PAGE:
Interestingly, in recent interviews, (with Eve Cocks & Teo Reljic respectively), neither Attard, nor Azzopardi represent themselves as particularly angry about this over-construction. While Azzopardi speaks about a certain amount of frustration, it’s not quite the raw anger one might expect from a young artist concerned about the aesthetics of his homeland. Attard, too, is almost accepting of the demolition she is representing; ‘that’s the pace of life’ she says and seems unsure as to whether she is criticising it or not.
Also hosted by the Gabriel Caruana Foundation, is Fluid Space, a collaboration between artists Duška Malešević, Raffaella Zammit, Aidan Celeste, and curator Nikki Petroni. Indeed, Zammit, one of the founding members of the Foundation, has become preoccupied with these sudden changes in Malta’s urban landscape and the destruction of local heritage. The project is ‘an exploratory journey of Malta’s urban fabric; its forms and the way in which we construct and shape our environments’. But it’s also described as ‘an introspective venture’, so, while the resultant photographs and videos are no doubt be beautiful, they are not provocative or challenging to the status quo; nor, I think, do the artists themselves want them to be.
So, is it then, the duty of our artists to protest on our behalf, and to rage against the machine on our behalf? Or is it enough for art to document, process and create for us an aesthetic experience from what it sees around it?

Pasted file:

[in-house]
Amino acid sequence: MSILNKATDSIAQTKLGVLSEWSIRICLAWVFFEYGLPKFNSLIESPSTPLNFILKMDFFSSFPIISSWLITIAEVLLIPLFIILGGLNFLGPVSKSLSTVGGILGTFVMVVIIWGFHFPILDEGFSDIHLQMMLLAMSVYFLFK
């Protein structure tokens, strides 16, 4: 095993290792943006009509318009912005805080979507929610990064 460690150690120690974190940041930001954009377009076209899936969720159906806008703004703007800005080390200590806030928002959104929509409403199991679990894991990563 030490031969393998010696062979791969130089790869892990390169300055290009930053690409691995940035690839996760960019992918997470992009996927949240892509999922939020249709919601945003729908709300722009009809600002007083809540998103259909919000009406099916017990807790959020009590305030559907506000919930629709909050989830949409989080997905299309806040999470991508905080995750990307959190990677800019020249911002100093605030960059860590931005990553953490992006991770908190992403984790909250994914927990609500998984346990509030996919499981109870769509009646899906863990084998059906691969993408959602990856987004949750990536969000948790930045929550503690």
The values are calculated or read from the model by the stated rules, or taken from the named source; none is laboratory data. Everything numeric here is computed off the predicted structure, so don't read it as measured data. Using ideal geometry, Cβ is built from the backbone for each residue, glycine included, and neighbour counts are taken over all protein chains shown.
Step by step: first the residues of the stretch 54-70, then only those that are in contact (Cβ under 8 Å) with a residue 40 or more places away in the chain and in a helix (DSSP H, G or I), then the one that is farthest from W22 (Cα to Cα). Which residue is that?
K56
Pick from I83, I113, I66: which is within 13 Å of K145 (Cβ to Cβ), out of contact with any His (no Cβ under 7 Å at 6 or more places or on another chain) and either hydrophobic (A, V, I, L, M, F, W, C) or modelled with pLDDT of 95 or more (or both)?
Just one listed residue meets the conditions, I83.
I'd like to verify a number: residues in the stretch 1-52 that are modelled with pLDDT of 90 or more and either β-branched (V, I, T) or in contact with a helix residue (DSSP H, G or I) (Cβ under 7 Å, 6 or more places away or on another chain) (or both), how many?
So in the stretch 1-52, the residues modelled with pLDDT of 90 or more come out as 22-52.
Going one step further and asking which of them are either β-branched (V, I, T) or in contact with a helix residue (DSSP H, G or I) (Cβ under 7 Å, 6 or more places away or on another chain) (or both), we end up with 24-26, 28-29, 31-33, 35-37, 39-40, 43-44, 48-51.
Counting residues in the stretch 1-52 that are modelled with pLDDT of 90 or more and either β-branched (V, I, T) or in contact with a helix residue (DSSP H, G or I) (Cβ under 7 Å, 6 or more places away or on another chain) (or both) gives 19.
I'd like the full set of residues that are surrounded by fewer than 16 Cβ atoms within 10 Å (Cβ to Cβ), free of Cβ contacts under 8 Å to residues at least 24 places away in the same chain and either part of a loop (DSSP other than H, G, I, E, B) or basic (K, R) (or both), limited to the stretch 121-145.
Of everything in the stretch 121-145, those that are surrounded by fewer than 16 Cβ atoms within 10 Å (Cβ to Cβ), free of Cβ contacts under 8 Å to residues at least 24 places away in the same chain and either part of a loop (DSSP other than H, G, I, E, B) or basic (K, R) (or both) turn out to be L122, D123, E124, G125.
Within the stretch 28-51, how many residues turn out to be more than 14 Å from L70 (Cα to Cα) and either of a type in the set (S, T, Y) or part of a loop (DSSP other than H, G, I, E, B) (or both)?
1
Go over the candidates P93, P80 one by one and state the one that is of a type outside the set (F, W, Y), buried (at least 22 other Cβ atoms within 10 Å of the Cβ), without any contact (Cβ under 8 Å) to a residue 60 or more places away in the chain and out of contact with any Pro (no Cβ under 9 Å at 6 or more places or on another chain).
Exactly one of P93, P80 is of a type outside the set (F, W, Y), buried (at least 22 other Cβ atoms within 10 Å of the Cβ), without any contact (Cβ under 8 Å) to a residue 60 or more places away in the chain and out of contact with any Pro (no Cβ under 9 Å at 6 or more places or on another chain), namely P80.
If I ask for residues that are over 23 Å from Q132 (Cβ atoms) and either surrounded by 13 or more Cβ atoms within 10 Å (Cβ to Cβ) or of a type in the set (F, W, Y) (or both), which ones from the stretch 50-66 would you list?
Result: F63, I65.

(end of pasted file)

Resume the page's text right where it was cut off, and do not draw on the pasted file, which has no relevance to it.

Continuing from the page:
Recent work that I find quite refreshing, is that curated by FRAGMENTA Malta. This is an image from Subversive Semiotics with photographer David Pisani. David’s work consisted of a large image of the back of the billboard, on a billboard. Ridiculous, you might think. But actually, wow! What a great subversion of images, of the laws of the billboard, of consumerism, of the road network, of the artworld even! The event that took place was a combination of black-tie art event, complete with blondes accompanying the artist, and an outdoor picnic on the side of the road. Was the message clear? Absolutely not! Was is confusing? Completely! But it said something, even if we don’t know what that something was!
A Fragmenta event that took place just last weekend was Kemmuna Nation with Mario Asef. Several buildings were appropriated to present the design of “Kemmuna Nation”, with a inaugural speech, a presentation of Kemmuna Coin cryptocurrency, and a short tour on Comino’s ecosystem. No, nobody says this is going to suddenly bring down the hegemony and ingrained systems of the anthropocene age. But that’s obviously not the point.
Kemmuna Nation speculates with the idea of a global nation constituted by non-humans entities, which organize themselves creating their own economical and political system based on the structures of specific pre-existing interconnections between species.